Iraqi Insurgency Home

Composition of the Insurgency

Tactics of the Insurgency

Counter-Insurgency in Iraq

Blackwater Incident in Fallujah

The Battle for Fallujah

Biography of al-Zarqawi

The Iraqi Insurgency

An insurgency is a rebellion or uprising. Whether it is positive or negative is not indicated. However, the word does imply a certain general feeling or movement with a significant degree of public support. Was the insurgency in Iraq a popular movement? It is difficult to poll to find out. Yet, the people of Iraq have indicated that most long for peace and that the current government seems to be the best hope to provide it. Meanwhile, the level and type of violence indicates that the elements fighting to overthrow the government are a minority seeking to promote an extremist Islamic state (al Qaeda and some militia groups) or an ambitious group working to regain political power through violence (Sunni Ba'athists). Many of the Iraqi Insurgency groups are supported by outside resources from various locations including Iran, Syria, and private sources in Saudi Arabia. Al-Qaeda in Iraq, at one time led by Abu Musab al-Zarqawi, is not only funded from outside Iraq, but most of the fighters and suicide bombers are from outside the country as well.

Political Map of the Provinces of Iraq

The roots of the Iraqi Insurgency lie, of course, in the history of Iraq, as well as the Gulf War (refering to the Persian Gulf) and the Iraq War. Throughout this period the country was ruled largely by beligerent dictators (especially Saddam Hussein) bent on expanding the borders of the country. There was continual repression and several wars including one with Iran and two involving the United States. The first intervention of the United States in Iraqi politics was to stop Iraq from conquering Kuwait. In the later Iraq War military intervention was taken because it was believed that the nation's dictator, Saddam Hussein was on the brink of producing nuclear weapons. It was also known that he was supporting terrorist organizations. After the second U.S. victory (2003) and the removal of Saddam Hussein as head of state, the U.S. occupied the country and attempted to help set up a stable regime with a representative government.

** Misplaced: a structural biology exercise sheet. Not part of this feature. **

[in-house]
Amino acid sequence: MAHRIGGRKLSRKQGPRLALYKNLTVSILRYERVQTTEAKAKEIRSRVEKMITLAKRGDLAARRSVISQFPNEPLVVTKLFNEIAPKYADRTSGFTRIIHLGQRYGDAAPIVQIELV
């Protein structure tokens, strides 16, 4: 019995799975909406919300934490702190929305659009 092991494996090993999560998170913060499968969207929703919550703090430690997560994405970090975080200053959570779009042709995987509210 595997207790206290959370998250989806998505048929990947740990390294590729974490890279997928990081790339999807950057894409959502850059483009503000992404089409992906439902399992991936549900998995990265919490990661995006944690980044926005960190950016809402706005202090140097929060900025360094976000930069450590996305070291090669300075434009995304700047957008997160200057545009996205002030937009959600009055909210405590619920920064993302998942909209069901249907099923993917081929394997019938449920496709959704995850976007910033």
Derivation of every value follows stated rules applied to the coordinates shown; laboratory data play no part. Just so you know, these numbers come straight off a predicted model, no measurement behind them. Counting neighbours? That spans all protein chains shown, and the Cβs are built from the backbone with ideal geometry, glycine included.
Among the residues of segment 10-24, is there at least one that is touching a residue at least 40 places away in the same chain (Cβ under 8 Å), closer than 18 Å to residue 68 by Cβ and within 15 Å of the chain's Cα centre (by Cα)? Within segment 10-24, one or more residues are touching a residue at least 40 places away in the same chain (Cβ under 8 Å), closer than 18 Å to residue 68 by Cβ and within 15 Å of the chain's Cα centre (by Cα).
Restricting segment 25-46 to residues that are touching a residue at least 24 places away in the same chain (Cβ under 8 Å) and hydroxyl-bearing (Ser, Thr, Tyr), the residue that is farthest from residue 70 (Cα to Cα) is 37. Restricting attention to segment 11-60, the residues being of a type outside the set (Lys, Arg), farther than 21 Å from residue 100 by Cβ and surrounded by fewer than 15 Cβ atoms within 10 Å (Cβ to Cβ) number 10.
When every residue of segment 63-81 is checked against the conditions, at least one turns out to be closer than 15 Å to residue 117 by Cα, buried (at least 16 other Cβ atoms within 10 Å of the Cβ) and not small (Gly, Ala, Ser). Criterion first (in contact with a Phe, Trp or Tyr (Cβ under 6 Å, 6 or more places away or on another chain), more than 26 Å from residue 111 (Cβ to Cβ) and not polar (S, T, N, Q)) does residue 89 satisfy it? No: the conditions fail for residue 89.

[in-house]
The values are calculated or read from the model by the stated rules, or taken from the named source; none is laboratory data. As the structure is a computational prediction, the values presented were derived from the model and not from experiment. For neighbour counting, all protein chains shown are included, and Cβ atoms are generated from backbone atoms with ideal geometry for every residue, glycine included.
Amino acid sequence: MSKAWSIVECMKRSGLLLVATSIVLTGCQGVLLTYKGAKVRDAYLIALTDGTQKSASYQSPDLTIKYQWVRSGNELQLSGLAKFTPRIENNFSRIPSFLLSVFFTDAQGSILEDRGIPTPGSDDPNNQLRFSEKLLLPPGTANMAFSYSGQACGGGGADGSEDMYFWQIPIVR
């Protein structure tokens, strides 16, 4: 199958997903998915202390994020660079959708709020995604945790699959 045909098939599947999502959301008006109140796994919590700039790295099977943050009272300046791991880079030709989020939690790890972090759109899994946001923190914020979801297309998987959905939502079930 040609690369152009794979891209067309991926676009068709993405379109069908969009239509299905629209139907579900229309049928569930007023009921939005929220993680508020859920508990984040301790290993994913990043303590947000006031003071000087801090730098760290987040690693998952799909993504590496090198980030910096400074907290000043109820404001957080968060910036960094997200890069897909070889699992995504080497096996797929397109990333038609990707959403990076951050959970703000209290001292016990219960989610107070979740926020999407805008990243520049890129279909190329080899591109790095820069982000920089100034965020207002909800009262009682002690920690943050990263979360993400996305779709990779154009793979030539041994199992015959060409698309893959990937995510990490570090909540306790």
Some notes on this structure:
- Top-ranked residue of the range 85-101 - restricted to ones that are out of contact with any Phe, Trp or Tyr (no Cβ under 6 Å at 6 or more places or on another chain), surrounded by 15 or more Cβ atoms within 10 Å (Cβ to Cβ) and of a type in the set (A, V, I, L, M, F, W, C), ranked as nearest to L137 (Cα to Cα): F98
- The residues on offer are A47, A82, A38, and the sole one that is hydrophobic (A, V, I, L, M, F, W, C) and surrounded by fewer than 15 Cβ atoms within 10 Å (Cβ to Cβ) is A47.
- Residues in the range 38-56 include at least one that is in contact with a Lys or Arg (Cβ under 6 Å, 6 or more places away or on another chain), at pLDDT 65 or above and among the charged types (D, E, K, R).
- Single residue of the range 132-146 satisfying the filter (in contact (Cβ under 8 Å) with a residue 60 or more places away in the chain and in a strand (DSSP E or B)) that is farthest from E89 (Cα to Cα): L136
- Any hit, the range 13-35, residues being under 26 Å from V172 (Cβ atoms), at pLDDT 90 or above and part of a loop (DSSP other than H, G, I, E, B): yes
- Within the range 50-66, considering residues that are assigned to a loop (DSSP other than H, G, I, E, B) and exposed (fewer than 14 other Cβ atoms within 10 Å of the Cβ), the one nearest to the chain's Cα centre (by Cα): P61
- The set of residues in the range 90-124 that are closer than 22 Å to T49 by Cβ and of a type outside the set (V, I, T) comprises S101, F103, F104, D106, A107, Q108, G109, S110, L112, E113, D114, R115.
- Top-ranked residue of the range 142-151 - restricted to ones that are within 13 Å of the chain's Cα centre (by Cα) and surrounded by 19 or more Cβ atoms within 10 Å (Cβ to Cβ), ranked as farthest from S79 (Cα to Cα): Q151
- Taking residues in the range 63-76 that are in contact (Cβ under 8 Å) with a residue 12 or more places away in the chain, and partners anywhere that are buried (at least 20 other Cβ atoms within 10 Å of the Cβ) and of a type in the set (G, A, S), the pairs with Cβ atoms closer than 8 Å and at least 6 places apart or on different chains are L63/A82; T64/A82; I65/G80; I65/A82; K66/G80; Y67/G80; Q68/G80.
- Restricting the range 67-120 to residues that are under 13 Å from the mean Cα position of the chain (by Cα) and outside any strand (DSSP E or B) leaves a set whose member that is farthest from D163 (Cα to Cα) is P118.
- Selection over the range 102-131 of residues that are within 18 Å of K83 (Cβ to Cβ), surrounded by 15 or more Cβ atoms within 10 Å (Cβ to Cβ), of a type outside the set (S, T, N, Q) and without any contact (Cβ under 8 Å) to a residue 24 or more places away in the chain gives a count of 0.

The conflict between insurgent forces in Iraq and the U.S. military is largely exemplified by the Battle for Fallujah. Fallujah was used as a base for al-Qaeda and other elements to inflict a reign of terror on Anbar Province. After an incident in which four Blackwater security personnel were ambushed and killed going through the city, U.S. Marines moved in and destroyed insurgent forces.

Part of the insurgents' animus with the Iraqi government was the presence of U.S. forces. Even so, the presence of the United States military in the region has been a stabilizing influence. It has allowed a democratic form of government become the norm in the country. The U.S. military has also made extensive efforts to train Iraqi forces in modern tactics that minimize civilian casualties as well as to take counter-insurgency measures. After a surge of forces in 2007 to pacify the country, the U.S. has slowly been reducing its presence and allowing the legitimately elected government to assume more and more control. It is hoped in U.S. foreign policy circles that eventually Iraq will become not only stable but a good example of what democratic governments can do to advance the prosperity and happiness in the region. This also seems to be a fear of the insurgent forces. The goal of these forces is not economic prosperity, but to impose a religious oligarchy upon the people and state.

In fact, many of the tactics and methods employed by the Iraqi insurgents was focused on influencing public opinion. However, counter-insurgency measures worked to minimize this effect. A history of the Iraqi Insurgency shows an escalation of insurgent activity until the surge of U.S. forces in 2007. At that point activity began to tail off and allowed U.S. forces to train Iraqi troops to handle the situation. By August of 2010 U.S. forces in the region had drawn down to less than 50,000 and the U.S. mission to bring stability to the country was declared a success.


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Iraqi Insurgency